‘They have lost the public trust’: State Senator Chris Elliott plans legislative action after controversy between AHSAA and Spanish Fort High School soccer
SPANISH FORT, Ala. (WALA) -Last week, the AHSAA disqualified both the Spanish Fort High School boys and girls soccer teams as they prepared for the playoffs. The ruling came after another school questioned the eligibility of one of the players on the boys team who moved from another state earlier this year. It’s a decision that still isn’t sitting right with parents
“My daughter was crushed and everything they worked hard for all year was taken from them unjustly,” said Randy White who has a daughter on the soccer team.
It’s also not sitting well with State Senator Chris Elliott.
“We have eligibility debacles that are impacting our student-athletes and are unfortunately spilling over to impact other student-athletes who never had an eligibility issue,” said Elliott.
Now Elliott plans to go through the legislature to make sure things like this don’t happen again in the future.
“If we’re continuing to have these problems then they have a programmatic issue within their association they need to fix,” added Elliott. “They haven’t done it, and it’s time for the legislature to step in.”
One thing he will be looking at is rules interpretation -- like the bona fide transfer rule that led to the disqualification of the Spanish Fort teams. It centered on one question: whether all principal family members lived together. The student in question hadn’t lived with his siblings in two years until he moved to Spanish Fort.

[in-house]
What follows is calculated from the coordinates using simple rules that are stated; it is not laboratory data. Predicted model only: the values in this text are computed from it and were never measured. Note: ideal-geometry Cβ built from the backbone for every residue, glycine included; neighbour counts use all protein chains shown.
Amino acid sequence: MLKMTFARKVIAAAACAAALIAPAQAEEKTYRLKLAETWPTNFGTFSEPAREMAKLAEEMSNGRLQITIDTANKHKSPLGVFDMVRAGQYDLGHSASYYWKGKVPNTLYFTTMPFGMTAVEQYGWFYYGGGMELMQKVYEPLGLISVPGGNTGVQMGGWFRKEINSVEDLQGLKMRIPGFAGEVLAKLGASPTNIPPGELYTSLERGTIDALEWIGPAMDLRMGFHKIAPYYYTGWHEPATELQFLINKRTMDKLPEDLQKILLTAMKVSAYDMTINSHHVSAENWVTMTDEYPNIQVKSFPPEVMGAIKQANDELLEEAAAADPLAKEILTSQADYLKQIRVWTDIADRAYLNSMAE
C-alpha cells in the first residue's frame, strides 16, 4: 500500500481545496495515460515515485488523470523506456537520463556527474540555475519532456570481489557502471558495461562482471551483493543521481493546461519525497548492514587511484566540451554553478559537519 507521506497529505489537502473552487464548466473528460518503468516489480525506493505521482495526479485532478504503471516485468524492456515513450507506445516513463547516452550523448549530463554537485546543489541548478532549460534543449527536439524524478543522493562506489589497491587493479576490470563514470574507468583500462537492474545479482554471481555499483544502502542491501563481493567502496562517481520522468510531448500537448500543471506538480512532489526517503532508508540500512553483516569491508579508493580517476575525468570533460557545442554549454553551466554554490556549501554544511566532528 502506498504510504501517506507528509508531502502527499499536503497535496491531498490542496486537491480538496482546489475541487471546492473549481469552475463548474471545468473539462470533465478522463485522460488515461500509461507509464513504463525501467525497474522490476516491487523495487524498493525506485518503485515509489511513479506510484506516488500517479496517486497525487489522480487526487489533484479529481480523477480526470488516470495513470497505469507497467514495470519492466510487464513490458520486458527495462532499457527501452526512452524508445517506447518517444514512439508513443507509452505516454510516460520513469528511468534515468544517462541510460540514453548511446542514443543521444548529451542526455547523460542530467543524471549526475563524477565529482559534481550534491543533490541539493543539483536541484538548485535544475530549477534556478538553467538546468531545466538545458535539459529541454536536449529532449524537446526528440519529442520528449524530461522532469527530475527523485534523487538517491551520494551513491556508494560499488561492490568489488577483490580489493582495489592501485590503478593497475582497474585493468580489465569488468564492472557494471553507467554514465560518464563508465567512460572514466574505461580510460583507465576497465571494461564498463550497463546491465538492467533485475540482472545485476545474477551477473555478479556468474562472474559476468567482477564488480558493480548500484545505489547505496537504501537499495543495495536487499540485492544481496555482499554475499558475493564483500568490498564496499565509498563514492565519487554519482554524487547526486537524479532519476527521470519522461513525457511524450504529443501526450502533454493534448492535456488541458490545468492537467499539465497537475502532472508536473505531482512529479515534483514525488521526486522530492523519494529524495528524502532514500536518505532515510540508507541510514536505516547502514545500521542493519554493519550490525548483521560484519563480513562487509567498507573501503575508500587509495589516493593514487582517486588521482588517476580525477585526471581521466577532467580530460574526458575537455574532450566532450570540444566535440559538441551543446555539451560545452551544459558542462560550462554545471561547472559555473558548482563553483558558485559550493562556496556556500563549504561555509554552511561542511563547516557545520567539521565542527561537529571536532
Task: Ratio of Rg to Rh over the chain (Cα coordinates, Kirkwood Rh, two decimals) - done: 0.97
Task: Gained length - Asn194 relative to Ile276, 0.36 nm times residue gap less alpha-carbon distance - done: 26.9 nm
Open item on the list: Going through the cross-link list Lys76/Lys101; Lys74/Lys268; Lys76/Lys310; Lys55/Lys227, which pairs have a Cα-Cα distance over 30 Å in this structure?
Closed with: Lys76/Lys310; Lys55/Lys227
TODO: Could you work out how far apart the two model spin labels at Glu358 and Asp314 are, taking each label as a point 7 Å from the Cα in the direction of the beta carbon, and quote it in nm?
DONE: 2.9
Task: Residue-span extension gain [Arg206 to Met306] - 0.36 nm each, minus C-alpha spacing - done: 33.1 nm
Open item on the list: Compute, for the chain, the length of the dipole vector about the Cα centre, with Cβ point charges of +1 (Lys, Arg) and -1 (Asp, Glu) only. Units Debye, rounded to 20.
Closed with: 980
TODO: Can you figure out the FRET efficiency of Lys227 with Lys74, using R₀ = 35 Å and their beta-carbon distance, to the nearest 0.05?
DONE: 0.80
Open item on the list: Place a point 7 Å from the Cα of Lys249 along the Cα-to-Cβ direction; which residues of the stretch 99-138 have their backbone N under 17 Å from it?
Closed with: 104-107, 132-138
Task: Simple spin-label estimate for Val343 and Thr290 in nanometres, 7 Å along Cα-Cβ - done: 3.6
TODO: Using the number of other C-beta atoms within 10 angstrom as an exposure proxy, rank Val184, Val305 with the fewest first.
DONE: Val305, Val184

“It’s our understanding this rule has never been applied to siblings,” said White.
“We’re going to have to get into some of the rule making and determine whether or not this needs to be a public body truly instead of a private body,” said Elliott.
The legislature isn’t scheduled to meet again until next year but the plan is to take the time to explore all options to improve things for student-athletes.
“They have lost the public trust and we’ve got to find a way to get that back so our student-athletes feel like they’re being treated fairly,” added Elliott.
“We just want to see reform and we want to see things get better for the future,” said White.
Elliott did also mention they could look at audit requirements for the AHSAA as it relates to public funds such as money from ticket sales and any fines that are issued. We reached out to the AHSAA but have not heard back.
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